After inventing geometry and physics, Greeks invented history—primarily as a way to document their many inventions. Take a stroll through history with today’s Groupon to the Willamette Heritage Center at The Mill. Choose between the following options:
- For $4, you get two adult admissions (up to a $12 value).
- For $3, you get two children’s admissions (a $6 value).
Your Groupon can also be used for two adult admissions (a $10 value) or two children's admissions (a $6 value) to the Magic at the Mill holiday lights festival from December 19 through 23 from 5:30 p.m. to 8:30 p.m.
Willamette Heritage Center's 5-acre site, which has been designated an American Treasure by the National Park Service, preserves the original machinery, buildings, and aura of a 19th century wool mill. Meander through the interiors of the Jason Lee House and Parsonage, stroll past the domiciles of the Methodist missionary founders of Salem, or amble down the aisle of the Pleasant Grove Church, said to be the oldest Presbyterian church in Oregon. Hands-on activities, speakers, and rotating exhibits allow visitors to engage in a modern look at a history, much like a digitized version of their grandfather's comic-book collection. Although not included in this Groupon, those opting for membership following their visits receive unlimited free entry for a year, access to the research library and archives, and tickets to the Magic at the Mill holiday-lighting festival.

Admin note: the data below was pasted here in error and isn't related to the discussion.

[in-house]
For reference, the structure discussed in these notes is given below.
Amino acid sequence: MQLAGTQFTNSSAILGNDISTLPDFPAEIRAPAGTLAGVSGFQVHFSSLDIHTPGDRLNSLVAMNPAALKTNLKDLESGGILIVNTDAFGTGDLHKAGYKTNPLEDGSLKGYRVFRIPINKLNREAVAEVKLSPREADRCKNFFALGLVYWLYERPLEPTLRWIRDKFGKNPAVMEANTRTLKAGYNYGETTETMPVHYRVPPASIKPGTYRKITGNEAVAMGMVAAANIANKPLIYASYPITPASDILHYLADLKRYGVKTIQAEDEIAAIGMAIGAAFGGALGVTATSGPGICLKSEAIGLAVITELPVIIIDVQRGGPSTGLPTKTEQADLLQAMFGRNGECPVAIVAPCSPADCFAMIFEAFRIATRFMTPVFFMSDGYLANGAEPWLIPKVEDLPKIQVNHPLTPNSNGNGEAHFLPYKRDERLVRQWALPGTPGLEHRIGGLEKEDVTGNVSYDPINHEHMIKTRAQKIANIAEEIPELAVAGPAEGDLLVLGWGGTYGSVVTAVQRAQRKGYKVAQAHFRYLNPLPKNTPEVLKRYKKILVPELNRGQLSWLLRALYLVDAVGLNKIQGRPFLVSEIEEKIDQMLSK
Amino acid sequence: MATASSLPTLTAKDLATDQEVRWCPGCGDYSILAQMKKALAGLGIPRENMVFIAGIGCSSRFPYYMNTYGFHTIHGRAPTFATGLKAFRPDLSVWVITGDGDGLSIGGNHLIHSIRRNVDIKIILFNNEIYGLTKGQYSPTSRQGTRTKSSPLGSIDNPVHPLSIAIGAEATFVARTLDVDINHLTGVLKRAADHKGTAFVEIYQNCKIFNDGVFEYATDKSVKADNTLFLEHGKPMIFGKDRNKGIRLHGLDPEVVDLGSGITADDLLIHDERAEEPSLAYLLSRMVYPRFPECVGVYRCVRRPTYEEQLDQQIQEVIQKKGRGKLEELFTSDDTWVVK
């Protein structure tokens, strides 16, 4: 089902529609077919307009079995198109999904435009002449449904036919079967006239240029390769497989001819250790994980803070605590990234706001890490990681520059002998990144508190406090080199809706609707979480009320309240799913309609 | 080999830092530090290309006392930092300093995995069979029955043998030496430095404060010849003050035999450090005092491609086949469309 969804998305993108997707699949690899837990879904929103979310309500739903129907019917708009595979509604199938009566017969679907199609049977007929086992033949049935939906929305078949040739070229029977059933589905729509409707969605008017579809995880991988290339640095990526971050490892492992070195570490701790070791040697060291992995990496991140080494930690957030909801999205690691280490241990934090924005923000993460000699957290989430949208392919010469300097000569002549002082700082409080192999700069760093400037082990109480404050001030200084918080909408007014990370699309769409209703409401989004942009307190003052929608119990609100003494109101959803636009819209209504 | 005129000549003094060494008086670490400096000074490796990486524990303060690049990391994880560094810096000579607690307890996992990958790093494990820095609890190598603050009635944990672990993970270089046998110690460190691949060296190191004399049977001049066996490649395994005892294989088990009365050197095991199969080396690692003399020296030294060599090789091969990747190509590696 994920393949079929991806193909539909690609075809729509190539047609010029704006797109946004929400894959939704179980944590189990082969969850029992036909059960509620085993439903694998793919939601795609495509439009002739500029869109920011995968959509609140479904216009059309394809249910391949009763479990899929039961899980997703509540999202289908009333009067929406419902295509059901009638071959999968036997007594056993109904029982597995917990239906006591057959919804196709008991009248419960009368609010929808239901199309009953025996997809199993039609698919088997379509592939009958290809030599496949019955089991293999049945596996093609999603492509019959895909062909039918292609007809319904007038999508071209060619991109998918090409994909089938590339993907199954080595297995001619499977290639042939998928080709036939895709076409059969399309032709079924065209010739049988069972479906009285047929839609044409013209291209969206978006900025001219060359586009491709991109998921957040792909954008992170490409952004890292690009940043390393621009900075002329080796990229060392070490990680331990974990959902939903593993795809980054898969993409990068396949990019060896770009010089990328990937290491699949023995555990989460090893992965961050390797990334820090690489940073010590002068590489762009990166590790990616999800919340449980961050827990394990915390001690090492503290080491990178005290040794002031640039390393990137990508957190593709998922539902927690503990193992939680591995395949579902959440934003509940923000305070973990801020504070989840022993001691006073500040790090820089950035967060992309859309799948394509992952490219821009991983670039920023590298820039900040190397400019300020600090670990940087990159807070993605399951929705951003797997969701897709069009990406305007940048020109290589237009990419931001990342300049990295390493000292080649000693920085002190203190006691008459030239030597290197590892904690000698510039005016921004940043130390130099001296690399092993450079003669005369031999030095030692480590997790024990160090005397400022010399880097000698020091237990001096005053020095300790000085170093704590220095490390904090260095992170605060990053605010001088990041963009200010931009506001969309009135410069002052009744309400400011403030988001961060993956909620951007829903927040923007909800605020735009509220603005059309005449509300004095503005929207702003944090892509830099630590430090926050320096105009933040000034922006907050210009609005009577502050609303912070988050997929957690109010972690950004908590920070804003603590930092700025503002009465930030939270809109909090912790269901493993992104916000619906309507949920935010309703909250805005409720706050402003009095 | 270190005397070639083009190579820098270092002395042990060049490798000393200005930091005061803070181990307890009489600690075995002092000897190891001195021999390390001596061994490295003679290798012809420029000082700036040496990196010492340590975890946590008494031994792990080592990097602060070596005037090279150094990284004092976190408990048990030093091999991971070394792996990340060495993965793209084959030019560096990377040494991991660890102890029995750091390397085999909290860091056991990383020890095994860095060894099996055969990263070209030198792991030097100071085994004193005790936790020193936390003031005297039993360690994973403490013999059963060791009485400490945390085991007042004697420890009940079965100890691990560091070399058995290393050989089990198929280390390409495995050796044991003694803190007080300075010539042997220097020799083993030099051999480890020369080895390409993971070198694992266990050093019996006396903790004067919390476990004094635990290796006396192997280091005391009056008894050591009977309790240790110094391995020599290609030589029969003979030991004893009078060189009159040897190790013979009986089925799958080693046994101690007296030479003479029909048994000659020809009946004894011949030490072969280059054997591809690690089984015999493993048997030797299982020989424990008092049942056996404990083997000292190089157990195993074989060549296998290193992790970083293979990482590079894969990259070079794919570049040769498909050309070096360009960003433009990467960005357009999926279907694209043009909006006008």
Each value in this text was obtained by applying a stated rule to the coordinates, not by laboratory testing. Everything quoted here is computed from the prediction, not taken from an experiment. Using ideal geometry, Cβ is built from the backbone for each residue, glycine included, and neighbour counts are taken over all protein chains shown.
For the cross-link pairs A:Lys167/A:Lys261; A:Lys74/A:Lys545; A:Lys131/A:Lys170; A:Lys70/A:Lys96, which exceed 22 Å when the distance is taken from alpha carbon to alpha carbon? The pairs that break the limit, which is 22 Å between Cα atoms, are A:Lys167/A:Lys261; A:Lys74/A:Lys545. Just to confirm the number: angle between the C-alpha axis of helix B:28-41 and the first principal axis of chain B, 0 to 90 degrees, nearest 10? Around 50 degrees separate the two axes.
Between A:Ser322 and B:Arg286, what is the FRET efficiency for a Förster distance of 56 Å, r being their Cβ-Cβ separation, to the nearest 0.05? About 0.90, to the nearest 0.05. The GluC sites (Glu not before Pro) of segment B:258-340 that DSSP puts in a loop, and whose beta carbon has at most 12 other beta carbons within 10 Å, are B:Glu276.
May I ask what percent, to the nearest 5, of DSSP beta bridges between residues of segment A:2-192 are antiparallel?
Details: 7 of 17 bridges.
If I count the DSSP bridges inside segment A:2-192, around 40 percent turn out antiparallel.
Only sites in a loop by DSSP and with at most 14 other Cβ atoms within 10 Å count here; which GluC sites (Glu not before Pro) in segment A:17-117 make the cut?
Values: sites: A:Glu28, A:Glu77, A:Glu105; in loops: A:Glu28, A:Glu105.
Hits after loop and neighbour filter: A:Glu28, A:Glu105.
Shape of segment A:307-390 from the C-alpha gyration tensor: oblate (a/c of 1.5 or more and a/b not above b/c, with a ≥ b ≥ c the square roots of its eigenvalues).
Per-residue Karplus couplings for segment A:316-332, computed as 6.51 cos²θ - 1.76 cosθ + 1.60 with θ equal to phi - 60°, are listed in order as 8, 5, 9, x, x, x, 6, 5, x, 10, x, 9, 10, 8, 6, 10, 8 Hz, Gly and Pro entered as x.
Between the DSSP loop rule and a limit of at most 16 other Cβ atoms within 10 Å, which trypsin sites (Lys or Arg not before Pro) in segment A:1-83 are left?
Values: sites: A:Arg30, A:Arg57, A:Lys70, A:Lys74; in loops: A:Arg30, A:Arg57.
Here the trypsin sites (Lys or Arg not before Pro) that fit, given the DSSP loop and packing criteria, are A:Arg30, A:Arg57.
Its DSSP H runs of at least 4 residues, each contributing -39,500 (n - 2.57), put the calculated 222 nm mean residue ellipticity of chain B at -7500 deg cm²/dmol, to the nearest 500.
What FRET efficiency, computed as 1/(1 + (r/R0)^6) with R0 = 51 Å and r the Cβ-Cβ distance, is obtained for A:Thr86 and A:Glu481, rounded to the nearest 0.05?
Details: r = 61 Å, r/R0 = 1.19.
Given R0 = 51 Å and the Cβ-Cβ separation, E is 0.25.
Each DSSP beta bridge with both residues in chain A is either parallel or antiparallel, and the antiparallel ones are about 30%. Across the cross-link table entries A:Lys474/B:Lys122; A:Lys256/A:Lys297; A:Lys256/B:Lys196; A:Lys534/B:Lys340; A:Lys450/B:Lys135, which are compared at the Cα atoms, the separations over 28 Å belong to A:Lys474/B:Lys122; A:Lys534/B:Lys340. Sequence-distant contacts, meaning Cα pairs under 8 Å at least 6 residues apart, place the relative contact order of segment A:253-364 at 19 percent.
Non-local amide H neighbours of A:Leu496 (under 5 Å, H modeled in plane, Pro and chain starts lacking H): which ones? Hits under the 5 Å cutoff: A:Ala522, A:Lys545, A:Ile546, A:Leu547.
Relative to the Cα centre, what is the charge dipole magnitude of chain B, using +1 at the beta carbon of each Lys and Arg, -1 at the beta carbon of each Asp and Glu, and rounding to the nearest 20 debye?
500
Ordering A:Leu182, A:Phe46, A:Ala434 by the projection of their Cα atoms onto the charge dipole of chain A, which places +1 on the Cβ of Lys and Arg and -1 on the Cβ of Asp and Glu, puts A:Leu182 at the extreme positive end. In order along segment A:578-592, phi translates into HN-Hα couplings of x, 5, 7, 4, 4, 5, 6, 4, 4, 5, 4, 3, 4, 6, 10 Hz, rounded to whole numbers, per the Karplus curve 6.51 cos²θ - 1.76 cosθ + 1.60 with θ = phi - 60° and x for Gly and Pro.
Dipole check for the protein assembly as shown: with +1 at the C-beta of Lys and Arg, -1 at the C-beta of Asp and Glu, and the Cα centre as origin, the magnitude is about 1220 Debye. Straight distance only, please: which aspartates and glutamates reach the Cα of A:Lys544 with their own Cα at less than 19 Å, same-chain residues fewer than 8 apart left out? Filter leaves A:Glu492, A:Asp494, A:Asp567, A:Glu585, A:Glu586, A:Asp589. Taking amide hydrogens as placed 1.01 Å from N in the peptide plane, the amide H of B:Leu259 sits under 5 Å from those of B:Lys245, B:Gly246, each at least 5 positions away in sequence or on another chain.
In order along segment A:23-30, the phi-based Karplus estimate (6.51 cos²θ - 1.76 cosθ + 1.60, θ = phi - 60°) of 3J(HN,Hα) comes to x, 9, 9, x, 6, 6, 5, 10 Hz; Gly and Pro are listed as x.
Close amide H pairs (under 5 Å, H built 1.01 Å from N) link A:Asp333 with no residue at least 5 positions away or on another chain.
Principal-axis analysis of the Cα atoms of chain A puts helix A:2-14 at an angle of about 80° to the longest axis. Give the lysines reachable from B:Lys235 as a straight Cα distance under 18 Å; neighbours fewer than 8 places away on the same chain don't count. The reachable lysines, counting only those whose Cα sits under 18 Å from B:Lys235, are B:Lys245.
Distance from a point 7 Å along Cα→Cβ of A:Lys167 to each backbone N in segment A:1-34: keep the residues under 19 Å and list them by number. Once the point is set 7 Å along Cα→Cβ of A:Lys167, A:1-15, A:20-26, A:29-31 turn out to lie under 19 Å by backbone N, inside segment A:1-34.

Willamette Heritage Center at The Mill
The Willamette Heritage Center at the Mill preserves slices of valley history by word and deed, keeping up 14 historic structures and filling them with historical tours and living history displays. The Jason Lee house represents the oldest building on campus, built in 1841. The structure also boasts the title of oldest surviving wooden frame house in the Pacific Northwest, and its interior sports the period appropriate furnishings right down to an iron stove and a snoring, bonneted grandmother. Nearby stands the Thomas Kay Woolen Mill, and piece of the Industrial Revolution that has survived since 1896, earning recognition as an American Treasure by the National Park Service. Workers keep the buildings clean and sound for tours and rentals, while actors keep the ground vibrant with living historical portrayals.